Campus Antisemitic Speech and the First Amendment
Loyola University Chicago School of Law
July 6, 2010
Loyola University Chicago School of Law Research Paper No. 2010-008
In the face of mounting campus anti-Semitic incidents in the U.S., college and university administrators are left with the quandary of how to prevent anti-social behavior without running afoul of the First Amendment protections of free speech. The Supreme Court’s recent decision in Virginia v. Black, opens a door to resolving that dilemma.
The First Amendment protection of free speech is one of the most fundamental constitutional provisions. Speech is often regarded to be the most fundamental right to a democracy, but the United States Supreme Court has never been regarded to be an absolute. There are already a variety of legitimate limitations on expression that do not run afoul of the First Amendment, these include defamation, copyright, and fighting words laws.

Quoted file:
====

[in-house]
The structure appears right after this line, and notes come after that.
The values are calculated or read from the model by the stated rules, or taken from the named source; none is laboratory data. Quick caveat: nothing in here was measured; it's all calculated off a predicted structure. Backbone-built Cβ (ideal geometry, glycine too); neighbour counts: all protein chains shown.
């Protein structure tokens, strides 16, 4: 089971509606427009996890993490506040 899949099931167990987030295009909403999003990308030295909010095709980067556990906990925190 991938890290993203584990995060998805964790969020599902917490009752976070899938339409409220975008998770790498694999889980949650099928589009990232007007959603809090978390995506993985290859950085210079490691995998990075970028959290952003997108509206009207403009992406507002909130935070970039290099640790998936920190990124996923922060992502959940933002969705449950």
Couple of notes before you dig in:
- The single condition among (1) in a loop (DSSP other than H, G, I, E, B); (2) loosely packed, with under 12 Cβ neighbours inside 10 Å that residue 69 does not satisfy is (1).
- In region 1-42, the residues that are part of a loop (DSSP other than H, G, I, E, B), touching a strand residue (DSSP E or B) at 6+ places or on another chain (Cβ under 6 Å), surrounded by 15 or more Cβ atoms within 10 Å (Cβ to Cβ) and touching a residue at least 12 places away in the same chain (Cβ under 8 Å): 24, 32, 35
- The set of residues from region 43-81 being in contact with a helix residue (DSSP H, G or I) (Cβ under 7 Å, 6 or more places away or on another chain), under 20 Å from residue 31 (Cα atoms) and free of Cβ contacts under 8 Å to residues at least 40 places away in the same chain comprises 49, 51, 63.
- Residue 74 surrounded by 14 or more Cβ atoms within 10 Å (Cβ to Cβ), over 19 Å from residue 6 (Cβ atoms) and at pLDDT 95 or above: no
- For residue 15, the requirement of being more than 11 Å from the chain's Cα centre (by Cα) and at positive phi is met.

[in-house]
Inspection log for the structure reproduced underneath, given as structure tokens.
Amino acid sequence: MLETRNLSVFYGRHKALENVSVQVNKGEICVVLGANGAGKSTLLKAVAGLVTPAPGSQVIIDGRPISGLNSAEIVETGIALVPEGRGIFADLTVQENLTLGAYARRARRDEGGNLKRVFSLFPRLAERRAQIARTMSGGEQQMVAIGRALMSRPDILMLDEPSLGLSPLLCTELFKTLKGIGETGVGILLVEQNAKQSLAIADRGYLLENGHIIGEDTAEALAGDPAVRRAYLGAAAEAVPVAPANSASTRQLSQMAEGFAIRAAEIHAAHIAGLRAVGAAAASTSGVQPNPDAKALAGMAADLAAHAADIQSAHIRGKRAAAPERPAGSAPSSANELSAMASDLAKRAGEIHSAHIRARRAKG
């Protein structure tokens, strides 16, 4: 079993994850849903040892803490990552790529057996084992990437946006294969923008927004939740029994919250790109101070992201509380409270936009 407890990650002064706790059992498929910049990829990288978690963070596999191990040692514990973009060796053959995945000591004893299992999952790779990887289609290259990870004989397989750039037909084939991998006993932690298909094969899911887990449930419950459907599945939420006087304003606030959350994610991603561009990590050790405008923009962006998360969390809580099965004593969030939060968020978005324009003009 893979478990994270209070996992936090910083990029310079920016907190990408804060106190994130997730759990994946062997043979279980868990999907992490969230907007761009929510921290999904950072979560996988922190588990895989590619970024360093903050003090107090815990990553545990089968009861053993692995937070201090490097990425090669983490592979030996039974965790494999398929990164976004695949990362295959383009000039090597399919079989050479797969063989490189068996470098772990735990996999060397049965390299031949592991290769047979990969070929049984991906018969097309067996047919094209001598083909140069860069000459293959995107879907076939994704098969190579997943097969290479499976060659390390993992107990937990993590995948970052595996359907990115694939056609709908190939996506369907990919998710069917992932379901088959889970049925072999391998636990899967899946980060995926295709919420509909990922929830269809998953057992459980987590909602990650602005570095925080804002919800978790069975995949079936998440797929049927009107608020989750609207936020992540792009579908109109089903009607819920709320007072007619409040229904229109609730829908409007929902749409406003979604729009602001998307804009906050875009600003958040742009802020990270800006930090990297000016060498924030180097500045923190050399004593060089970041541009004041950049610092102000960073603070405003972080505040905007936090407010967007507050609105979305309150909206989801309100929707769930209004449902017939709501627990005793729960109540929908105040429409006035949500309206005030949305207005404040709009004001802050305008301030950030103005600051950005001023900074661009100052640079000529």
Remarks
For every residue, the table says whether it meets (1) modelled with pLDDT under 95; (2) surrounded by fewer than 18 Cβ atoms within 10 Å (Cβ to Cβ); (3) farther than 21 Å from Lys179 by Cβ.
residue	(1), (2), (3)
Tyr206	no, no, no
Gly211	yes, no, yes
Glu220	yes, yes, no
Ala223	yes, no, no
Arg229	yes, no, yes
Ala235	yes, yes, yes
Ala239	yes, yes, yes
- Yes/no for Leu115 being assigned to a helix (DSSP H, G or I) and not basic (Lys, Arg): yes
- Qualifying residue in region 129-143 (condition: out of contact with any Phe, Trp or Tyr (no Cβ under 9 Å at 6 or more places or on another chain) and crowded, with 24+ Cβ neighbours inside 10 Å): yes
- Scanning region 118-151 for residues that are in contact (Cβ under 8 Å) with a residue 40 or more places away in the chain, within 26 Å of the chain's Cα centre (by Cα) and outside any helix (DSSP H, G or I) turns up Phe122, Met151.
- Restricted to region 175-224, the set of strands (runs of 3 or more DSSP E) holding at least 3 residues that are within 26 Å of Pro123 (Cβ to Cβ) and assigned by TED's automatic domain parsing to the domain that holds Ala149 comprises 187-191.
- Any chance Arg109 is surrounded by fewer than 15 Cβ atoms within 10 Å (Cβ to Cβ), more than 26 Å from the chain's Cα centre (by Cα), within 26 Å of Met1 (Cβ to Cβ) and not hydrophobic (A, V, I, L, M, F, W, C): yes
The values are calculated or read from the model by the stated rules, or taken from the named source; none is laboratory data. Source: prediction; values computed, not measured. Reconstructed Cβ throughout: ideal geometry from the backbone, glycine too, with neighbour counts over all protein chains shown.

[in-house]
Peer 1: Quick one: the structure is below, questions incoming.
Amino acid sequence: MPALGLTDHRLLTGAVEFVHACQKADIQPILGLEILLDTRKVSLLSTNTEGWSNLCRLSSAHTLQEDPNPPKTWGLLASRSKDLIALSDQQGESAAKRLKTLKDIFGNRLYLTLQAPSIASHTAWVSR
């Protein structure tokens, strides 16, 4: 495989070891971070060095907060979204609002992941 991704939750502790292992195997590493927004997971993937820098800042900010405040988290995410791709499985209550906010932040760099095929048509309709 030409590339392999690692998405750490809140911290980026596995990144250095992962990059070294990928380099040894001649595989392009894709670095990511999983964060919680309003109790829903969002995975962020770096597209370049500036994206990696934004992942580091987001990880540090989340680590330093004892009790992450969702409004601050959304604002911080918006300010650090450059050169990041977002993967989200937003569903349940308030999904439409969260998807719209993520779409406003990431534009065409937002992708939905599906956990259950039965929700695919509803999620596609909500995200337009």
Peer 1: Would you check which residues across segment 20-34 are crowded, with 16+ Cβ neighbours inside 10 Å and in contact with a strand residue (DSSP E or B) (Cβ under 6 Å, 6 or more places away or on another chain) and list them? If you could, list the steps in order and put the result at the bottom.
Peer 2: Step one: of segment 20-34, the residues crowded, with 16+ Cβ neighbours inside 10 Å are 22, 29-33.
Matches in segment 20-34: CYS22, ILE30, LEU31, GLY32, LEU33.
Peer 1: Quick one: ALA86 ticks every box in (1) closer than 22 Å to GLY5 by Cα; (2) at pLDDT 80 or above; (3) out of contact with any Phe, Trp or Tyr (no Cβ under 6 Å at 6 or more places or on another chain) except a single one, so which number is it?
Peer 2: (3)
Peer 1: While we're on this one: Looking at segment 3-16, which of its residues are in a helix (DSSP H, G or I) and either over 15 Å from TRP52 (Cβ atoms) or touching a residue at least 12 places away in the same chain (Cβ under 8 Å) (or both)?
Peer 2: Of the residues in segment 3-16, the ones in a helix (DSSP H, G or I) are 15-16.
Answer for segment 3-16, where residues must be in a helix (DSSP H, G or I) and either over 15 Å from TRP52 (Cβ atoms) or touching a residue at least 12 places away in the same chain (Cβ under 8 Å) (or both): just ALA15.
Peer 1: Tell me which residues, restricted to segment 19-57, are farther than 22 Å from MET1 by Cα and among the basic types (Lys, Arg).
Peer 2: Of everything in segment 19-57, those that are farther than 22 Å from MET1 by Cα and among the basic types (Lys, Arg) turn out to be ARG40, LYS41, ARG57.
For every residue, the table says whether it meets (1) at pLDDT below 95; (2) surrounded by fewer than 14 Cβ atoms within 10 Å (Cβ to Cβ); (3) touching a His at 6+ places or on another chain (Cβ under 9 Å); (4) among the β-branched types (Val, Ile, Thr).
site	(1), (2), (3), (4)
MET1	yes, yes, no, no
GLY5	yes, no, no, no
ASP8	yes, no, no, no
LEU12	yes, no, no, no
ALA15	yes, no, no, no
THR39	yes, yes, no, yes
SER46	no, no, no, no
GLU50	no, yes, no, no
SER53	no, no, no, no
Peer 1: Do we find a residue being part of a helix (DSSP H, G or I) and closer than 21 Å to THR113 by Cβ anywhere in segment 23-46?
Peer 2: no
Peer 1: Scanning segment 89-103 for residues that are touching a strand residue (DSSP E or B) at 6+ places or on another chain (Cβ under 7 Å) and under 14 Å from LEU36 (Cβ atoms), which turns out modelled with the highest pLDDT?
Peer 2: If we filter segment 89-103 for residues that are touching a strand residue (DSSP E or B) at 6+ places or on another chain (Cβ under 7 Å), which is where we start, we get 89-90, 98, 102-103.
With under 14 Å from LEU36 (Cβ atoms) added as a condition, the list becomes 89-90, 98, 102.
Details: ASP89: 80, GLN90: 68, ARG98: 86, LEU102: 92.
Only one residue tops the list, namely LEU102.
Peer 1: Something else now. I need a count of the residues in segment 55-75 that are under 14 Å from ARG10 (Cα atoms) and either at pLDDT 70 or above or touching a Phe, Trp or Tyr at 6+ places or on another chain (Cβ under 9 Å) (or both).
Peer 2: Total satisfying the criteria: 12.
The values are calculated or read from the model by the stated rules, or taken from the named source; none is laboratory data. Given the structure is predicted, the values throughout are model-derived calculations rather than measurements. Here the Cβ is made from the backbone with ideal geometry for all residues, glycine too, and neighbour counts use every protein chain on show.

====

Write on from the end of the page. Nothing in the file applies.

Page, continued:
Any statutory or administrative responses to antisemitic speech on campus must be carefully crafted to avoid running afoul of the First Amendment. Recent United States Supreme Court precedent demonstrate the constitutionality of laws prohibiting the use of hate symbols, like cross burning, to intentionally intimidation others. College administrators can use the Court guidelines to develop a policy punishing the use of intimidating symbols -- such as swastikas and Hamas flags -- on campus. The standard for proving that the speaker meant to intimidate should be the same objective, reasonable person standard applied to public defamation cases. This standard of proof will relieve the difficulty of proving intent, while requiring objective evidence that the speaker used a hate symbol or historic antisemitic trope to intimidate others using university facilities or grounds.
Number of Pages in PDF File: 18
Keywords: Free speech, campus speech, First Amendment, Constitutional Law, Anti-Semitism
JEL Classification: K1, K10, K42
Date posted: July 23, 2010 ; Last revised: December 1, 2010